The new, free Firefox Translations browser extension translates websites in the browser without using the cloud, using machine learning.

Client-Side Translations 

Firefox Translations provides automated translation of web content but, unlike cloud-based alternatives, the translation is done locally, on the client-side, so that the text being translated does not leave the user’s machine. With Firefox Translations, the engines, language models and in-page translation algorithms reside and are executed entirely in the user’s computer, so none of the data is sent to the cloud. This enables use of the tool offline thereby making it convenient in any situation and frees the user from any worries about privacy concerns relating to using cloud providers.

How It Was Made 

The new Firefox add-on/extension was developed by using a high-level API around the machine translation engine, ported to WebAssembly (a new type of code). The operations for matrix multiplication were then optimised to run efficiently on CPUs (a computer’s central processor). This enabled Mozilla to develop a translations add-on that allowed the integration of local machine translation into every web page so that users can perform free-form translations without using the cloud.

Part Of Project Bergamot 

Firefox Translations was developed as part of EU-funded Project Bergamot (2019) which saw Firefox work as part of a consortium including the University of Edinburgh, Charles University, University of Sheffield, and University of Tartu.

Competitors

There are several other widely used competing machine learning-based web translation tools including Google Translate (website interface, mobile app and API), Microsoft Translator (machine translation cloud service using the using the Translator API and Speech service), and DeepL Translator (a neural machine translation service).

The big differences between them are that:

– Firefox Translations works offline and doesn’t use the cloud, so some users may see it as a more private option.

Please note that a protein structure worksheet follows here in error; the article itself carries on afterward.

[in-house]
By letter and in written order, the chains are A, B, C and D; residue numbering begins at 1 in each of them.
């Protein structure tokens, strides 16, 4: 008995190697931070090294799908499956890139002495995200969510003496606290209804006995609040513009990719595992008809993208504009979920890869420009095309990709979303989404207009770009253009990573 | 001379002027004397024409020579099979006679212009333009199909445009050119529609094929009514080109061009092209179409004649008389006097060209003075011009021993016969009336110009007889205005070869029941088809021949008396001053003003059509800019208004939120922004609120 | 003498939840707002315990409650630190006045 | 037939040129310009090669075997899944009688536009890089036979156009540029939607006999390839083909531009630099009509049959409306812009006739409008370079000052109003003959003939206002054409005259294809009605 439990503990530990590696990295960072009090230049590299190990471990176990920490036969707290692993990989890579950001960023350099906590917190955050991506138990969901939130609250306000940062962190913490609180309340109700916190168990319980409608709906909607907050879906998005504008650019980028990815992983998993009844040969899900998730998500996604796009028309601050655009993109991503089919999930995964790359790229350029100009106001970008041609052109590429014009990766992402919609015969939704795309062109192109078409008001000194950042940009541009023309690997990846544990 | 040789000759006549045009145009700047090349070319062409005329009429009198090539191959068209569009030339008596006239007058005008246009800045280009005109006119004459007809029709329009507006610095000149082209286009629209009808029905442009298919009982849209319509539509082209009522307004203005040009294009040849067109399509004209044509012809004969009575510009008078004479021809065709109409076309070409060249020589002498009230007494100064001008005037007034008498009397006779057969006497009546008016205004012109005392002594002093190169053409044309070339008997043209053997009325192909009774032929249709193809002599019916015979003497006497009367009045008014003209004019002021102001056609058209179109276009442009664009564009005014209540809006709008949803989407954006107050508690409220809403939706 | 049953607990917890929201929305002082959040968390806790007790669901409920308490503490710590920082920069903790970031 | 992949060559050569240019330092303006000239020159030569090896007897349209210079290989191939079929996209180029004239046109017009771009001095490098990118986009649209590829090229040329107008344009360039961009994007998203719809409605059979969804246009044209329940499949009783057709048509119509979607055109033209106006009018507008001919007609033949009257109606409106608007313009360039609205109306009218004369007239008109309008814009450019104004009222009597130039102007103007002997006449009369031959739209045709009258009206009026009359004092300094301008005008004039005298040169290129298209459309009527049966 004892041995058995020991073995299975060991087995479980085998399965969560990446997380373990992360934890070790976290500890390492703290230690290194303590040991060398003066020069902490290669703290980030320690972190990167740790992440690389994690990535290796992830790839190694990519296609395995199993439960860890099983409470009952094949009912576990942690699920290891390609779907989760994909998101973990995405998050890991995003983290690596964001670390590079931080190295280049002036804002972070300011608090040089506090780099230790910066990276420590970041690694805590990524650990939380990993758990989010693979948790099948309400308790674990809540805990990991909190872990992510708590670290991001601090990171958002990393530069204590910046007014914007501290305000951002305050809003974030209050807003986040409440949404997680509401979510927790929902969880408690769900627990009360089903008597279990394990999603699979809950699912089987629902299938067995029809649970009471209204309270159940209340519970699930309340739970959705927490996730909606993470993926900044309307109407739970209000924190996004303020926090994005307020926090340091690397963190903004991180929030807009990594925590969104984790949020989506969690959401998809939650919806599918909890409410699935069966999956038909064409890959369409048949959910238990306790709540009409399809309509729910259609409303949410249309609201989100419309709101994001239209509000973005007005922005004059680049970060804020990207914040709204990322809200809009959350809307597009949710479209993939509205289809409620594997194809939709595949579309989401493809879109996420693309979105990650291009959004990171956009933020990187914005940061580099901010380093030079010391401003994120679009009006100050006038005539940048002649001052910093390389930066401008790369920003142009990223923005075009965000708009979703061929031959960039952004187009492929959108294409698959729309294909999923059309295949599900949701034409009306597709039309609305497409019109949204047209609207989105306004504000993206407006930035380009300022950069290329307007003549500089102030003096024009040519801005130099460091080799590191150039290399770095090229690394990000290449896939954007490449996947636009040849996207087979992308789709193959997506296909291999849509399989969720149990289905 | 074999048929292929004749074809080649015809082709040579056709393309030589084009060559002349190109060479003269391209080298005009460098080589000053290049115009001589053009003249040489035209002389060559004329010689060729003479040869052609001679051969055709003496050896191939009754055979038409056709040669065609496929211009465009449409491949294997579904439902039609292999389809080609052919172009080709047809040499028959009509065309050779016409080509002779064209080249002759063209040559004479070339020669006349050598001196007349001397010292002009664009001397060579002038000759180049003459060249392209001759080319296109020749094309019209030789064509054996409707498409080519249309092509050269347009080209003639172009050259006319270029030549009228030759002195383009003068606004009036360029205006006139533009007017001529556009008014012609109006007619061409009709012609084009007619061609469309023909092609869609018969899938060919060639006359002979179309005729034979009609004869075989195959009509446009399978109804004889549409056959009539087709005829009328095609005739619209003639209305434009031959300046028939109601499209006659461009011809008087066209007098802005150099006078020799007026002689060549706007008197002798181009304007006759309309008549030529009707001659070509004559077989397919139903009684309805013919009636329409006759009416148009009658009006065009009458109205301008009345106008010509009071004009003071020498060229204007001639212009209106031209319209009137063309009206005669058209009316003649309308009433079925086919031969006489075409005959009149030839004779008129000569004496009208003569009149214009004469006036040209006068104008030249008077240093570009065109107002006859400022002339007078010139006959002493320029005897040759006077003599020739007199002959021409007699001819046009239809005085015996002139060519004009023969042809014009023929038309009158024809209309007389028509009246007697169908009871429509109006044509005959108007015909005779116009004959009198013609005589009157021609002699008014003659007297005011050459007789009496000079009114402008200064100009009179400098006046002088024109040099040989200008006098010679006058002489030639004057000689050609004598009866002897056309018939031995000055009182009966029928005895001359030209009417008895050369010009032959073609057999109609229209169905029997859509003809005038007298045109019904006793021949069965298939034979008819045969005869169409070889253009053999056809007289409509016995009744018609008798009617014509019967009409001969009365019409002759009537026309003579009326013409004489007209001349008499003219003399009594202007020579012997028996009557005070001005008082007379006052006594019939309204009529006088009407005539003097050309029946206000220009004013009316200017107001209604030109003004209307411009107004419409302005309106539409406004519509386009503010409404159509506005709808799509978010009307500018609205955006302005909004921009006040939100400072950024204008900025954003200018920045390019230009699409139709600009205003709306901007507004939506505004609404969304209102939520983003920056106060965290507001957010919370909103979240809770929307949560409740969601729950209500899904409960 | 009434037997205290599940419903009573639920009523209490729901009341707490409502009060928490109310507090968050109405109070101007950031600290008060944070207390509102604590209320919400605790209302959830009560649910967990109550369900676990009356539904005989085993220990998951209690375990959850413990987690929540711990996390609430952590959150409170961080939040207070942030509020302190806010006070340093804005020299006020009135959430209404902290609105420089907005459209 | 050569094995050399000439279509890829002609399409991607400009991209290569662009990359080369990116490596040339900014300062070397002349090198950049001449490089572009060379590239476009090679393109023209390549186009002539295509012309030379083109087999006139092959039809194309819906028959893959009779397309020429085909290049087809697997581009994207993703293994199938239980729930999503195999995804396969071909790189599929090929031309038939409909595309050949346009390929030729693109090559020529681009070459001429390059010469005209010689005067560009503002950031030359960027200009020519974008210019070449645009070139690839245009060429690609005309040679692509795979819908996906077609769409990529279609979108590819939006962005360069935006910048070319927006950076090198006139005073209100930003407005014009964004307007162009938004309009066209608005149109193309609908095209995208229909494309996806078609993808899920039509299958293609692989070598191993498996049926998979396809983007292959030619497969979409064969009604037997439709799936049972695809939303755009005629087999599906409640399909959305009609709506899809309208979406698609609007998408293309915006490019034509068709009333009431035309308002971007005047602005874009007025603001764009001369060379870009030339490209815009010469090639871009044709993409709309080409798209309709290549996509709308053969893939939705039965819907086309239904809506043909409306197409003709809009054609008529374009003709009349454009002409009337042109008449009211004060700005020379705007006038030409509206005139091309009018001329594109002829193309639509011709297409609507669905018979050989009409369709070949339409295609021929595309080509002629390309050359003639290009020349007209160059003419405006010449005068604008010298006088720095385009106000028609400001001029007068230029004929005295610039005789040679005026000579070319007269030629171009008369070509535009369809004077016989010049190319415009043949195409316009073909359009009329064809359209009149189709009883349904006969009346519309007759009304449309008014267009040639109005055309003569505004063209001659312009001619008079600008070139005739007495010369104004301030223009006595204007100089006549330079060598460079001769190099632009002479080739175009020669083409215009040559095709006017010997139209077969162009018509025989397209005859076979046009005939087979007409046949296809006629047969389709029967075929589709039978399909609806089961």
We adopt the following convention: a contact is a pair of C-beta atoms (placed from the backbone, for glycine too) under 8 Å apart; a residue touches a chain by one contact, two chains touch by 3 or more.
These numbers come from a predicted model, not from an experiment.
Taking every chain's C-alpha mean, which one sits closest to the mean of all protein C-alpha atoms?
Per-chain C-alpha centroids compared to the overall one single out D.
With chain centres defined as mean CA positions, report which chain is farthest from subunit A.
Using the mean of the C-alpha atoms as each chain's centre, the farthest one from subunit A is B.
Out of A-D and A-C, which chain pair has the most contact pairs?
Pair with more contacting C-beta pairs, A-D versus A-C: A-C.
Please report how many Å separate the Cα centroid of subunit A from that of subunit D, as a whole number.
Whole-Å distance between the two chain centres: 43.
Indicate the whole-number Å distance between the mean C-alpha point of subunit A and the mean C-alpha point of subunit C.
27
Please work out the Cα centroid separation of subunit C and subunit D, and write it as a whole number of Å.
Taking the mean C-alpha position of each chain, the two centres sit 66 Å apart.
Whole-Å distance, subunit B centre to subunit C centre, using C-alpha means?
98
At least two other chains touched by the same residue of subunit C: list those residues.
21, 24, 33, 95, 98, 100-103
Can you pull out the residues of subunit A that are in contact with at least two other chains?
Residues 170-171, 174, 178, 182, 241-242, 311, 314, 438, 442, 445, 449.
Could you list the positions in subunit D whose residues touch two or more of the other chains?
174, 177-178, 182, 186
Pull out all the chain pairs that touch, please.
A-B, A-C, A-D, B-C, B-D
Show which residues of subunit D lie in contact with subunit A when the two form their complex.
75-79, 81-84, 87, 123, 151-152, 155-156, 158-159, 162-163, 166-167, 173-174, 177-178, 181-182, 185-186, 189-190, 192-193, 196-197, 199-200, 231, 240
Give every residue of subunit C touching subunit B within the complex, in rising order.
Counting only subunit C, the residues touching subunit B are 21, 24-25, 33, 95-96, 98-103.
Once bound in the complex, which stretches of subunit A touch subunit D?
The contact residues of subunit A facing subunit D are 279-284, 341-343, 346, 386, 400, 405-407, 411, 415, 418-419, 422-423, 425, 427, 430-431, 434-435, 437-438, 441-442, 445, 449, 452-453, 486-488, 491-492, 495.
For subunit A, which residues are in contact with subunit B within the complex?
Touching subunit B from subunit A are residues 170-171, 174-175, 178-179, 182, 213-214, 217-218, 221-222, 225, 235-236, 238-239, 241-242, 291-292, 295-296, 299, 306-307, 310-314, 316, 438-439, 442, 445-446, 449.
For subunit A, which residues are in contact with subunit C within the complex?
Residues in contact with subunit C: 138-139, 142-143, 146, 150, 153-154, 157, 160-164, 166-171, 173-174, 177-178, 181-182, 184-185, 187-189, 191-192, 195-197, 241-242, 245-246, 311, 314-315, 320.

– Firefox Translations covers fewer languages, only 12 compared to Google Translate’s 100+ languages.

– Mozilla says that Firefox Translations includes two novel features. These are translation of forms, to allow users to input text in their own language that is dynamically translated on-the-fly to the page’s language, and quality estimation of the translations. This automatically highlights where low confidence translations are on the page, thereby notifying users of potential errors.

What Does This Mean For Your Business? 

In a global marketplace, translator tools can be very convenient and useful whereby technologies such as machine learning have given them the greater value and functionality that users require. There have, in recent years however, been data security and privacy concerns based around web translators and apps, e.g. the Translate.com data breach, worries about cloud connections to translation tools and how trade secrets, and intellectual property could be exposed. Having a translation tool, such as Firefox Translations where translation is all done locally, on the client-side, with no need for a cloud connection does appear to be a possible advantage in terms of allaying fears about privacy. Although both Google’s Chrome and Firefox browsers are both now based on Chromium and Firefox is popular, Google is still dominant in the browser market and its translator tool, which offers many more languages than Firefox Translations is, unsurprisingly, the leading competitor. However, for businesses that would value a possibly more private and very convenient (work offline) alternative, Firefox Translations may be worth looking at.

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